I am running into a road block on a larger problem.
As part of a large query I need to solve a "night watchman" problem. I have a table with schedule shifts as such:
ID | Start | End 1 | 2009-1-1 06:00 | 2009-1-1 14:00 2 | 2009-1-1 10:00 | 2009-1-1 18:00 3 | 2009-2-1 20:00 | 2009-2-2 04:00 4 | 2009-2-2 06:00 | 2009-2-2 14:00
As part of a query, I need to determine if there is at least 1 watchman in a room at all times for a given time range.
So if I specified the range
2009-1-1 06:00 to
2009-1-1 12:00, the result is true, because shifts 1 and 2 merge to cover this time period - in fact any number of shifts could be chained to keep the watch up. However if I checked
2009-2-1 22:00 to
2009-1-2 10:00, the result is false because there is a break between 4 and 6am the following morning.
I would like to implement this either in LINQ, or as a user defined function in SQL Server (2005), as in both cases this is just a part of the logic of a larger query that must be run to identify elements that need attention. The real dataset involves about a hundred shift records intersecting any given time period, but not always covering the whole range.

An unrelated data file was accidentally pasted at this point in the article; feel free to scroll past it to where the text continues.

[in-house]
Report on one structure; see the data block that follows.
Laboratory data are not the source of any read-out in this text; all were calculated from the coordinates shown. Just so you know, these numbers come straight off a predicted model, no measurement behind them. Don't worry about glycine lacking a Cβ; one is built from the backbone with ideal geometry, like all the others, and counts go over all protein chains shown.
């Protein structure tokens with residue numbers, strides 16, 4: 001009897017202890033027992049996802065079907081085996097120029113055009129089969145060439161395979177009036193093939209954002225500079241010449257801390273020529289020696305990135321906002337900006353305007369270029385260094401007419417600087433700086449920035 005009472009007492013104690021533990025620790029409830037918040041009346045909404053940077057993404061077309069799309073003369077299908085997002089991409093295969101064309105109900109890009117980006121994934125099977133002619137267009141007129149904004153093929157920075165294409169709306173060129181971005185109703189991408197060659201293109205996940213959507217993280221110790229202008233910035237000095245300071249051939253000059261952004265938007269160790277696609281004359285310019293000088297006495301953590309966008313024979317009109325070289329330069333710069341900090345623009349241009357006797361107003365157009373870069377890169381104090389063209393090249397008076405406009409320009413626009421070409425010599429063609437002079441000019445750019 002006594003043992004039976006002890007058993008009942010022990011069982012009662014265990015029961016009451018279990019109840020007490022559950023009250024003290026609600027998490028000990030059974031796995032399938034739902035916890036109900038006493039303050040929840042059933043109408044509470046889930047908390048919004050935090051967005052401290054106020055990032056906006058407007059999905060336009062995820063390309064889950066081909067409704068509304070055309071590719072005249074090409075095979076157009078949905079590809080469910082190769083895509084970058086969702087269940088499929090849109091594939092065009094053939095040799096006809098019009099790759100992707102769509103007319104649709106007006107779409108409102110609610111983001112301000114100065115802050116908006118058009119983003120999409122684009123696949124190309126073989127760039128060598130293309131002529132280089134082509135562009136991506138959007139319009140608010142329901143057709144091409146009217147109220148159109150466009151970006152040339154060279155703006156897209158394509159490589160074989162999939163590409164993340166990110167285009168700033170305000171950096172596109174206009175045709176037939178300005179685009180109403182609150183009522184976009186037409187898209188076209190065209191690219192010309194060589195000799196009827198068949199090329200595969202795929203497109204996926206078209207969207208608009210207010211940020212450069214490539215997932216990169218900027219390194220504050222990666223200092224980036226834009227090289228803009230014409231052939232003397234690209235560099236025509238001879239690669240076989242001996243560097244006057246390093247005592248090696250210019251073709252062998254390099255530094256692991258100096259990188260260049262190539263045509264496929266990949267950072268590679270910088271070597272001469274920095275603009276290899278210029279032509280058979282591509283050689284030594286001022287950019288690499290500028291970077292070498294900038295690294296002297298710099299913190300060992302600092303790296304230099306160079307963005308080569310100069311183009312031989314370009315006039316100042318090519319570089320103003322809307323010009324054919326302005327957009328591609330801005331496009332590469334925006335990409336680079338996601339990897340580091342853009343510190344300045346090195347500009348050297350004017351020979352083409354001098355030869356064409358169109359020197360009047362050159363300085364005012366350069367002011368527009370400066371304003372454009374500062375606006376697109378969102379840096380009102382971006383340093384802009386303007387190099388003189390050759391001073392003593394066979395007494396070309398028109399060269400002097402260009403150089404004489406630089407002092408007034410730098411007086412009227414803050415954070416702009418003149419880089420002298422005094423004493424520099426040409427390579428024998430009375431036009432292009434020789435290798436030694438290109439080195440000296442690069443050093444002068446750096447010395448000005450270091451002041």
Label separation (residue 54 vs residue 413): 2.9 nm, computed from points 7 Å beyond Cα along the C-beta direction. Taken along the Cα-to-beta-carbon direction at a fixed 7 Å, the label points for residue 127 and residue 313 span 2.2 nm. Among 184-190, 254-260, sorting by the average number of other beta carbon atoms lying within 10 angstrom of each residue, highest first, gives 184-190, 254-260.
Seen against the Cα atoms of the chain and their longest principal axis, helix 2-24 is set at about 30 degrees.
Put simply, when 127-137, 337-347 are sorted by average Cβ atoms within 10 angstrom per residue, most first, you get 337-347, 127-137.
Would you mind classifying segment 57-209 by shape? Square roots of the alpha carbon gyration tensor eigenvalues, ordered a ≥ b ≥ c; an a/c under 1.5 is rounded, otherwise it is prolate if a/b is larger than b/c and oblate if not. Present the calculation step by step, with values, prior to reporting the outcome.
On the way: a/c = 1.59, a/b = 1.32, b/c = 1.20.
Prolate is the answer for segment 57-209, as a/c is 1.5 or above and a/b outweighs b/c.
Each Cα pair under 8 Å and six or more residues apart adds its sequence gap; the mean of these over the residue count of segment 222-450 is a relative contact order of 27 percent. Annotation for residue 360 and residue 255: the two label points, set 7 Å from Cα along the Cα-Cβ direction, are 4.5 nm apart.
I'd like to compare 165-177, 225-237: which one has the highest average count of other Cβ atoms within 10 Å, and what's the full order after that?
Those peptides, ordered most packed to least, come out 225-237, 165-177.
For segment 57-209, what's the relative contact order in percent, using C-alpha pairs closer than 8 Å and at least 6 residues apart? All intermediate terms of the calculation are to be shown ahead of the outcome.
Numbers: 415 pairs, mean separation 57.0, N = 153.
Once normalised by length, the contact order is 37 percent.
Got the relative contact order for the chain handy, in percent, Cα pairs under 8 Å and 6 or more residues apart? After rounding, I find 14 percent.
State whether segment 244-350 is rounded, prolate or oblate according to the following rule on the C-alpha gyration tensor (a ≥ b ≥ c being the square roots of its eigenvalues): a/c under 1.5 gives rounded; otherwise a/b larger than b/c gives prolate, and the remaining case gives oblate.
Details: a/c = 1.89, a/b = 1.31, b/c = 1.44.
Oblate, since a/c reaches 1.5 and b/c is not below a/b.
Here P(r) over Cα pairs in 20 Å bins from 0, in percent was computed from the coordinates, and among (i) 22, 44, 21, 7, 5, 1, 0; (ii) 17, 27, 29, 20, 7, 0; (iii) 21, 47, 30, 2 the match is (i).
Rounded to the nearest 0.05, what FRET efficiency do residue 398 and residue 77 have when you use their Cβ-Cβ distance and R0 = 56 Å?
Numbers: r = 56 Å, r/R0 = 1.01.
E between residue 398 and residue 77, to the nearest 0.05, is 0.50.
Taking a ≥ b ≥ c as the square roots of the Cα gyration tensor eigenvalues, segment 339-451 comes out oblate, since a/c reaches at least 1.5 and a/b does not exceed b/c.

The closest I've found is How to group ranged values using SQL Server for number ranges, however it depends on each range ending just before the next range starts. If I could construct the same unified view of the watches, only taking overlapping watches into consideration, then it would be trivial to check if a specific time was covered. A unified view would look like this:
Start | End 2009-1-1 06:00 | 2009-1-1 18:00 2009-2-1 20:00 | 2009-2-2 04:00 2009-2-2 06:00 | 2009-2-2 14:00
Note: This whole thing would be relatively easy to implement by just pulling all the data and running some manual loop on it, however that is the current system, and its rather slow because of the number of shifts and the number of time ranges that must be checked.